The long-term goal of this investigation is to promote sleep as a restorative function for hospitalized elderly persons. As the first step in the achievement of this goal, the current investigation was a replication of the first phase of a two-phase study conducted by Gress, Bahr, and Hassanein.1 Gress et al, in their first phase, described the consistency and predictability of nocturnal behavior of institutionalized elderly. In the second phase, Gress et al described the consistency and predictability of 24-hour sleep-wake patterns of their sample.
This article will examine the consistency and predictability of nocturnal activity patterns of older adults admitted to an inpatient geriatric unit. Nocturnal activity patterns include sleep, restlessness, and wakefulness. Future studies will be designed to test nursing interventions.
Nursing is concerned with the comprehensive care of older adults and with implementing a plan of care in keeping with the individual needs of elderly persons. To do this, it is essential to have knowledge about the nocturnal activity patterns of older adults not only in the setting in which they usually reside, but also in an acute inpatient unit. To care for these patients during their increasingly shorter hospital stays, provide adequate staff to meet their needs during the night, and help them adapt to the major disruptions attributed to hospitalization, baseline data on nocturnal behavior patterns of hospitalized elderly are needed.
The predominant nocturnal behavior throughout the lifespan is sleep. Guy ton defined sleep as "a state of unconsciousness from which a person can be aroused by appropriate sensory or other stimuli."2 Sleep is considered to have restorative functions, to occur in highly individualistic rhythms, patterns, and variations, and to change in terms of requirements and ranges with age and activity.2"6 Sleep quality was the focus of a study by Snyder-Halpern and Verran.7 They evaluated the literature and concluded that the subjective indicators of sleep quality are fragmentation, length of sleep, delay in falling asleep, and depth of sleep.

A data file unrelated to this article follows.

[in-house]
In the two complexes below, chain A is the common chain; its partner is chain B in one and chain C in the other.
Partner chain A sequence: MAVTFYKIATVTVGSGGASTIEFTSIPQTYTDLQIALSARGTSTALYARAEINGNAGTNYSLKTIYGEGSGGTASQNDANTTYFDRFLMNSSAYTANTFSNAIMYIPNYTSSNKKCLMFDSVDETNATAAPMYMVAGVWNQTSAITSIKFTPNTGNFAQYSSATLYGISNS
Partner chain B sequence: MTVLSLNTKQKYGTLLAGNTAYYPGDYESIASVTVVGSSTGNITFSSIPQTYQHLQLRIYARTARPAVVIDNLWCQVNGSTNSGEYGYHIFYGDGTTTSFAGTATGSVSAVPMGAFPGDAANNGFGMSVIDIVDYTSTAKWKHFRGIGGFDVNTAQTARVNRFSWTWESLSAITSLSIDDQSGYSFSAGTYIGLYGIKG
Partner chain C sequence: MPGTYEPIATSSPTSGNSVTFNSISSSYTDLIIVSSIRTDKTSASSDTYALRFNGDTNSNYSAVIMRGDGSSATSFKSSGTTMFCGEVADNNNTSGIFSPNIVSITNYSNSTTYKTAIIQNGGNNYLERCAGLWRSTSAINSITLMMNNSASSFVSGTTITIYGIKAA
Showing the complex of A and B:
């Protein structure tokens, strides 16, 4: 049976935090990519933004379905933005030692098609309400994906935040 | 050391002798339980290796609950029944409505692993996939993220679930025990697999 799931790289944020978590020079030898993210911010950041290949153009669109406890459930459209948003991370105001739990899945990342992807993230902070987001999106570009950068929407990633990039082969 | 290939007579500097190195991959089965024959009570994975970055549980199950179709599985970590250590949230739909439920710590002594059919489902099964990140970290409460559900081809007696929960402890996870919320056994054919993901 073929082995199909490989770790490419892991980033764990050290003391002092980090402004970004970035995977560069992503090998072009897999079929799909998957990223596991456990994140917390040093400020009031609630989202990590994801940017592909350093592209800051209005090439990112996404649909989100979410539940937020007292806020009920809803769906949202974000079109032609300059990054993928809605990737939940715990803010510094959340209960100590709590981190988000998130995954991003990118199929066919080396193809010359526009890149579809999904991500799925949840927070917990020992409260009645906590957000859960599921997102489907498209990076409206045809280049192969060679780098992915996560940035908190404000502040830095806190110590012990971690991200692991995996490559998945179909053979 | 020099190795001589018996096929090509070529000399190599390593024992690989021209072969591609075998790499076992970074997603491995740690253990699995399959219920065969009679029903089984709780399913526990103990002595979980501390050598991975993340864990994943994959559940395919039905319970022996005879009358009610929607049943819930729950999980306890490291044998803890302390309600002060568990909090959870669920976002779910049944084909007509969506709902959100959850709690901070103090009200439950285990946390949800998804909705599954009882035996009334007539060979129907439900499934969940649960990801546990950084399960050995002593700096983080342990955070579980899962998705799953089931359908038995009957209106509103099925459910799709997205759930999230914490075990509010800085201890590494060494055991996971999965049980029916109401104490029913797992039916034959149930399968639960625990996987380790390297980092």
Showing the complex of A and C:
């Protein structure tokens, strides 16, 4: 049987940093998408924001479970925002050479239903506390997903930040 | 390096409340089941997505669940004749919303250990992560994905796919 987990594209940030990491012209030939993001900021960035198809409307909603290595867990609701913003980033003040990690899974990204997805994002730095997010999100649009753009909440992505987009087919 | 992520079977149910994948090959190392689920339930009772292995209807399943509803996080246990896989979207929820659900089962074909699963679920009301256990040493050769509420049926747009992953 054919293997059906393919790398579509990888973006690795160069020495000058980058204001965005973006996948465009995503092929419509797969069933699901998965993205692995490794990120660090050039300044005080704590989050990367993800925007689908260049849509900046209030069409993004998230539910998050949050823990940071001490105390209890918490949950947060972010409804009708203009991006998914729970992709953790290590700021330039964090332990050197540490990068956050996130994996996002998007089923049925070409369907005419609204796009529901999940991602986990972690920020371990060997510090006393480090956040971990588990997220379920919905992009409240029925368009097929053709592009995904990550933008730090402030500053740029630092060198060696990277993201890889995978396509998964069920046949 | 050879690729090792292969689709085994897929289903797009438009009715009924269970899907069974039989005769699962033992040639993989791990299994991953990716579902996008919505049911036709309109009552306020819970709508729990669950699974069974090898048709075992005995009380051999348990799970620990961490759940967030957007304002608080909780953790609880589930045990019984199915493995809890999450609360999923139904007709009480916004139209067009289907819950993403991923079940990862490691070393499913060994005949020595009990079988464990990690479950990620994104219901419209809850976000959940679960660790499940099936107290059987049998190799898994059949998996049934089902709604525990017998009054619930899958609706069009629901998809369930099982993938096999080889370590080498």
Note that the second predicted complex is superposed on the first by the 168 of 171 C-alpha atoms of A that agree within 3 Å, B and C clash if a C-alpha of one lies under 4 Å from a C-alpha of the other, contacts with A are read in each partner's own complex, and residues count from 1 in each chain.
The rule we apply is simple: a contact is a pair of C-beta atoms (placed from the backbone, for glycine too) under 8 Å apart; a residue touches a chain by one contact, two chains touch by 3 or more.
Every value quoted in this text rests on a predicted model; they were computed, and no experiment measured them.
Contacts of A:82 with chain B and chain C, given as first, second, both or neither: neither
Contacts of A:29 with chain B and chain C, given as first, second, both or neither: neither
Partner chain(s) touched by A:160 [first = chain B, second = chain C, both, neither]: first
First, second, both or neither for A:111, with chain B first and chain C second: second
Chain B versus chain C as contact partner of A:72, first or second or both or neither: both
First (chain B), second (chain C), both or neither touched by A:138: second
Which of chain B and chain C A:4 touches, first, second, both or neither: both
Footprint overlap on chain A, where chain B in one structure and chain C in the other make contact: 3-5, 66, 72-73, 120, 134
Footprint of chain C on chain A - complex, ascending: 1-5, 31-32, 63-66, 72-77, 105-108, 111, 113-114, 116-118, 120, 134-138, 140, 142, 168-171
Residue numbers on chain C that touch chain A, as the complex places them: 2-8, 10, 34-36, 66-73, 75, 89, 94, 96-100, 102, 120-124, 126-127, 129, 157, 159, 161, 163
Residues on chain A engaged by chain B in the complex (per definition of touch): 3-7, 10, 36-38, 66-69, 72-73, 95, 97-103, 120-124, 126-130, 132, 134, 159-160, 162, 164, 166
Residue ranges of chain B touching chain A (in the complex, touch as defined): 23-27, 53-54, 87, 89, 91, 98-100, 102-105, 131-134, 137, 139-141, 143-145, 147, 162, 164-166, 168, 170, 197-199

Research on sleep is multidisciplinary and focused on identifying sleep stages, rhythms, and cycles; establishing the physiological and psychological benefits of sleep; documenting the defining characteristics of and problems associated with sleep disorders and deprivation; describing the changes in sleep patterns with age and illness; and suggesting strategies to promote sleep throughout the lifespan and in persons with alterations in health.815 Previous sleep investigators demonstrated that a reduction in hours of sleep is associated with increasing fatigue, irritability, and aggressiveness; decreased pain tolerance and increased corticosteroid and catecholamine output levels; and changes in mood and basic drives. 16"18